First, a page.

The characters in the novel are exceptionally well-drawn: the worthy but none-too-bright Carne; the other County Councillors; the ostensible lead character, Sarah Burton; and the real lead character, Alderman Mrs Beddows, who, if anyone, comes across as the hero of the book.

You get the impression that Winifred Holtby, herself of prosperous farming stock (like Carne, but not like Miss Burton or Mrs Beddows) really knows the part of the world she describes. It is very different to present day rural England: there are few incomers, no weekenders or long-distance commuters, and few retirees, although one, Stanley Dollan, a retired solicitor from Kingsport (Hull) who defeats Carne in a County Council election, is in fact an example of this new breed.

In some ways the book is a harrowing one, dealing with poverty, emotion and "decline and fall", but it is not depressing; it contains hope and not a little humour as well.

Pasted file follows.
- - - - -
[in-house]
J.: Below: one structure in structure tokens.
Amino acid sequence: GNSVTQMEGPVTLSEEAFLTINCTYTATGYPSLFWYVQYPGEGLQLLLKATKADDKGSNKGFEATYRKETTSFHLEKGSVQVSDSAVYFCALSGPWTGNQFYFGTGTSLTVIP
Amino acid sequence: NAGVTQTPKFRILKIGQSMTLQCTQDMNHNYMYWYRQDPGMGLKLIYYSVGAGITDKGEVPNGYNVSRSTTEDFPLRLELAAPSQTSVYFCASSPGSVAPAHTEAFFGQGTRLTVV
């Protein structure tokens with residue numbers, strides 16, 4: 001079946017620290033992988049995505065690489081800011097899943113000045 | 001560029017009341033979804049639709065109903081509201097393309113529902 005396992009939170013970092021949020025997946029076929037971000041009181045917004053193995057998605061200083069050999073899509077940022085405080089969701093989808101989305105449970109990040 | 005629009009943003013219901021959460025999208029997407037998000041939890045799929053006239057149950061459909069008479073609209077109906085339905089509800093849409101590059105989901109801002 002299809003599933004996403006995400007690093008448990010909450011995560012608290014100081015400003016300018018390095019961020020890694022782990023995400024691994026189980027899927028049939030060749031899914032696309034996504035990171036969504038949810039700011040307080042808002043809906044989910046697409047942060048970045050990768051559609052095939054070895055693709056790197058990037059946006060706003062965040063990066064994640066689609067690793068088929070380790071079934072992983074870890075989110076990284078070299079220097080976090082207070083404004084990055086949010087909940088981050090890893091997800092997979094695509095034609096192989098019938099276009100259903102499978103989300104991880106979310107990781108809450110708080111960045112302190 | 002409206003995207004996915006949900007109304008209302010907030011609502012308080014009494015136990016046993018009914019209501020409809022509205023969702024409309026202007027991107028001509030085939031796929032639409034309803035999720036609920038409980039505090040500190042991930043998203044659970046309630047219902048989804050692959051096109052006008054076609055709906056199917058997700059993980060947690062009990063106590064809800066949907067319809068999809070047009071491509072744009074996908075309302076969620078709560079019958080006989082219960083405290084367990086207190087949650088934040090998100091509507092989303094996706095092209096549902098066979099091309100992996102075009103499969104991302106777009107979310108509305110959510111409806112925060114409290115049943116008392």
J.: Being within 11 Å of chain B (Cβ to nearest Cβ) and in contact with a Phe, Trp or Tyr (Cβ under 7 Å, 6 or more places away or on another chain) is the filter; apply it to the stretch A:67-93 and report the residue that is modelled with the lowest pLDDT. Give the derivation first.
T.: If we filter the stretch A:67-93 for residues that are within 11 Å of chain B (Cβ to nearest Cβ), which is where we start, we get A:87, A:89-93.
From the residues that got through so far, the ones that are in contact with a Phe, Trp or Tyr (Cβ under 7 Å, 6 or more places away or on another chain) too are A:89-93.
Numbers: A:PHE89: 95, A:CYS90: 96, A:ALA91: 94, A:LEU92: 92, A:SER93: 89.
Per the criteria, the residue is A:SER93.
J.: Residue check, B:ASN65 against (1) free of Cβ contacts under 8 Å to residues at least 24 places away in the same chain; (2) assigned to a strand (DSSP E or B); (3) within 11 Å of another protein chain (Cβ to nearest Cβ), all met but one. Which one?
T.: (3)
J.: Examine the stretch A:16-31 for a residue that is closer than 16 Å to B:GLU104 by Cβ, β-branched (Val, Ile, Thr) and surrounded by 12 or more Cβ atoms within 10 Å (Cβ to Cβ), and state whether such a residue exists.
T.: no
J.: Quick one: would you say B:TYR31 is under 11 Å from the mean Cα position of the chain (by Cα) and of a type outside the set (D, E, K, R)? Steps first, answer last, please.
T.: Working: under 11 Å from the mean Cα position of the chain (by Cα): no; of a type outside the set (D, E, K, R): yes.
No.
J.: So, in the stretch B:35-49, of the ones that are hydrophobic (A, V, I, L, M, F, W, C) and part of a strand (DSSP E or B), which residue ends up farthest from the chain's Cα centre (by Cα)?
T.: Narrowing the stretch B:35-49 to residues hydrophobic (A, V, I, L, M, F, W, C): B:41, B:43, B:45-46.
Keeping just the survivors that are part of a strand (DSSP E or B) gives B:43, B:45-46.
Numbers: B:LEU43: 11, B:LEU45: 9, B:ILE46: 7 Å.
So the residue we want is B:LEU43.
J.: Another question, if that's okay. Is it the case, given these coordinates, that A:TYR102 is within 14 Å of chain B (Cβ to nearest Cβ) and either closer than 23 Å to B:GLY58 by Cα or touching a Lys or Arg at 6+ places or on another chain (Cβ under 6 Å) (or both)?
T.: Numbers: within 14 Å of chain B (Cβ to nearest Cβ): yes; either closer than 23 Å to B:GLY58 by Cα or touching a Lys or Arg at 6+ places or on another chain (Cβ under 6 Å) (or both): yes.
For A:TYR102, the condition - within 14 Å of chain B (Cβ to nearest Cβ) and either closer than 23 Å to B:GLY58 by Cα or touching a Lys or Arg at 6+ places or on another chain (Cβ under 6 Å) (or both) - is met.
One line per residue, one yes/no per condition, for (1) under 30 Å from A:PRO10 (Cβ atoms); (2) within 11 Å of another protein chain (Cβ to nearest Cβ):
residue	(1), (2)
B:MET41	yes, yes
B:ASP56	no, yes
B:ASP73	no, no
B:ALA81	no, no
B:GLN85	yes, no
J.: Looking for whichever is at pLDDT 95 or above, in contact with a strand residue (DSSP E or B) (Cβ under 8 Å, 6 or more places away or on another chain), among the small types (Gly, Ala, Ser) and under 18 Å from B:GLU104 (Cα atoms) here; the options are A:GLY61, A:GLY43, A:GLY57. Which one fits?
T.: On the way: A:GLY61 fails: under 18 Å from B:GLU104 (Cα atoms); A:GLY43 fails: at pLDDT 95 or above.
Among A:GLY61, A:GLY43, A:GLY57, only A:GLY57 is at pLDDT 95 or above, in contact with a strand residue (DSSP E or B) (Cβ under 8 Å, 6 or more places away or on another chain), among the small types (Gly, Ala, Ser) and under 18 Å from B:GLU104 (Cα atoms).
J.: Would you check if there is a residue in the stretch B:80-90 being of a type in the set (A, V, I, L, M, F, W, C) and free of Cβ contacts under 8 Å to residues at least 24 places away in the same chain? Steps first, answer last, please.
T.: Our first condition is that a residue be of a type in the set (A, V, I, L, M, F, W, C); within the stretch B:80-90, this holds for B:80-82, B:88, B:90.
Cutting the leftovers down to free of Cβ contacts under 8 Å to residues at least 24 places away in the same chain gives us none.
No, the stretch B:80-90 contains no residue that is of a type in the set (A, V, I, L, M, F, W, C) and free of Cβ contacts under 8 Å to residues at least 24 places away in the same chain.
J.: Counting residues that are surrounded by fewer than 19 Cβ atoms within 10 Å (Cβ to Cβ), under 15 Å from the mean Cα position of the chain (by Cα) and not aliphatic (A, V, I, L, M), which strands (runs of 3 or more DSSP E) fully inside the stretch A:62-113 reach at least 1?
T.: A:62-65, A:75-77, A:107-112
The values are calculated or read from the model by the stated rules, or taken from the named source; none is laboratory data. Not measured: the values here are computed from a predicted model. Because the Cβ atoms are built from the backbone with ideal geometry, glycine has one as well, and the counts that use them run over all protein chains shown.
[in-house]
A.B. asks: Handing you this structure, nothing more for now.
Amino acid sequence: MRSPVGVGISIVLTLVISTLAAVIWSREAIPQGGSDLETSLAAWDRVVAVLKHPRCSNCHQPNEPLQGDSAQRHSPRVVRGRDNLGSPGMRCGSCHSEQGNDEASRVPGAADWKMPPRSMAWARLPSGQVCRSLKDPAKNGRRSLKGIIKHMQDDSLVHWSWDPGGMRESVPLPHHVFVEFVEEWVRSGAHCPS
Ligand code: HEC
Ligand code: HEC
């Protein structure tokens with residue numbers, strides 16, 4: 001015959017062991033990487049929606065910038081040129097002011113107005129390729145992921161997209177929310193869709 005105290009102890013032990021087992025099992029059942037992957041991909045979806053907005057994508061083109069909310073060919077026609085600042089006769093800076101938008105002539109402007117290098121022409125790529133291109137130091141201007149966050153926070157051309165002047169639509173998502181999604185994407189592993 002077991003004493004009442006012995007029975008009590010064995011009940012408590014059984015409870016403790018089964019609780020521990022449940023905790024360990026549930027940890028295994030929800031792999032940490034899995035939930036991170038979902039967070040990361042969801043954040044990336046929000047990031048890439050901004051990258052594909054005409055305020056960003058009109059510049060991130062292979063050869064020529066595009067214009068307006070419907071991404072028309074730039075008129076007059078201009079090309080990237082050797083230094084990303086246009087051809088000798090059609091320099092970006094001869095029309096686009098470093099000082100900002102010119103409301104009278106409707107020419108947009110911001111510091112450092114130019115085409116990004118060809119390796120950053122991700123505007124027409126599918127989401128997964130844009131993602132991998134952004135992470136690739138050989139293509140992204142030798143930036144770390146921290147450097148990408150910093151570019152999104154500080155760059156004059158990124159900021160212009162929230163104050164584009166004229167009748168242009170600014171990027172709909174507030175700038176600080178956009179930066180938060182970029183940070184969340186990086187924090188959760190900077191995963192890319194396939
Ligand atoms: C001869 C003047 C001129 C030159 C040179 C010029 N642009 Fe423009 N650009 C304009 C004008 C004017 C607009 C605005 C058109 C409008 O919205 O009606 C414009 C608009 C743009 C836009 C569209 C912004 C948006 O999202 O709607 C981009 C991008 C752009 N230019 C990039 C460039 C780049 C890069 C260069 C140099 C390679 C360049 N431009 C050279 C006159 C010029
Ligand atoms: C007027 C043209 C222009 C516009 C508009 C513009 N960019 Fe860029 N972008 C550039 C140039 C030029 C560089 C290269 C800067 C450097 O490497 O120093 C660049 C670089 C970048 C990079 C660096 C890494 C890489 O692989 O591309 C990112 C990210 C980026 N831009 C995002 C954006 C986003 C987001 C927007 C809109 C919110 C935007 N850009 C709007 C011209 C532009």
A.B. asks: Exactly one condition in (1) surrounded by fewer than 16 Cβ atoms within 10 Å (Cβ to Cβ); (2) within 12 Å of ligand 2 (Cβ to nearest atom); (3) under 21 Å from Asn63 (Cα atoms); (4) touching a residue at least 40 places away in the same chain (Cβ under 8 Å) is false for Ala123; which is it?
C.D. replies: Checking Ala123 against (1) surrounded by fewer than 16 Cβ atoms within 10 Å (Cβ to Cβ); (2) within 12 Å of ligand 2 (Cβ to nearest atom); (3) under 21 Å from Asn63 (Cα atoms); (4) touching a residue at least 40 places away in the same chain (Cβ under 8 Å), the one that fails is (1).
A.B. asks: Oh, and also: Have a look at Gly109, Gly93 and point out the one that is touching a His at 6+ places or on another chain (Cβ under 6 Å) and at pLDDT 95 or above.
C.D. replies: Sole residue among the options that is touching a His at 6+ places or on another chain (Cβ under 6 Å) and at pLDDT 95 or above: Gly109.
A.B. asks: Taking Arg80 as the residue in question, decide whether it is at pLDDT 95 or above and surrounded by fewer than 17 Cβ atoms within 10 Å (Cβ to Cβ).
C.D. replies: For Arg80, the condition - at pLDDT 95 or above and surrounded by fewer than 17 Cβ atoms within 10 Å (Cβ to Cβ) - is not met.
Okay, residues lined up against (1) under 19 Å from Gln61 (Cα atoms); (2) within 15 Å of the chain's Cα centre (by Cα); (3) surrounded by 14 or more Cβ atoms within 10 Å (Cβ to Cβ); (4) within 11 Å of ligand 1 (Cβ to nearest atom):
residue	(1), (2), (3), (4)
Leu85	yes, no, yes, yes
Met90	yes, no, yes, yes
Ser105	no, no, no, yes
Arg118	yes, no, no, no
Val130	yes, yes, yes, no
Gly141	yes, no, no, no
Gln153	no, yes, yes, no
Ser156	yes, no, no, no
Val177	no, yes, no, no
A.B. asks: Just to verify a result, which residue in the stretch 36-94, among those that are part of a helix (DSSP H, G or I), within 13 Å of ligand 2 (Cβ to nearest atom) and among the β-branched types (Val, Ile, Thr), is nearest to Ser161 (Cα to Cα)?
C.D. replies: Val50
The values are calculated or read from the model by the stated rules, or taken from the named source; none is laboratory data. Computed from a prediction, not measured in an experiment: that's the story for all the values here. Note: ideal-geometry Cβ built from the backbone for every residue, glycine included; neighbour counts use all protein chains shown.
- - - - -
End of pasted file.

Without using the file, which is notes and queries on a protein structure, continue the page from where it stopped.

I have no hesitation in giving this book five stars, but there is one caveat. That is not to do with the novel, but with the production (BBC Books, 2011). It has a poorly written and slightly inaccurate "Note on the Author" and has far too many printing errors, owing, I imagine, to hurried production. But they do not spoil the enjoyment of reading it.
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on 1 June 2015
I read the book after seeing a repeat of the tv series and found only a few differences. It is a book that portrays a part of the UK not too far from where I live and I recognised the character traits of people I came in contact with in my childhood. I really enjoyed it . It is a story about Britain after the end of the war and the changes that were quite dramatic in attitudes to women and their expectations. Also the expectations of those previously considered to be the lower classes. It is a story of a dramatically failed love affair but also the triumph of talent against the odds. The narrative is set against local council meetings and the wheeler dealing involved in land development. I would have given it 5 stars but it is a little dated now.
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on 9 April 2011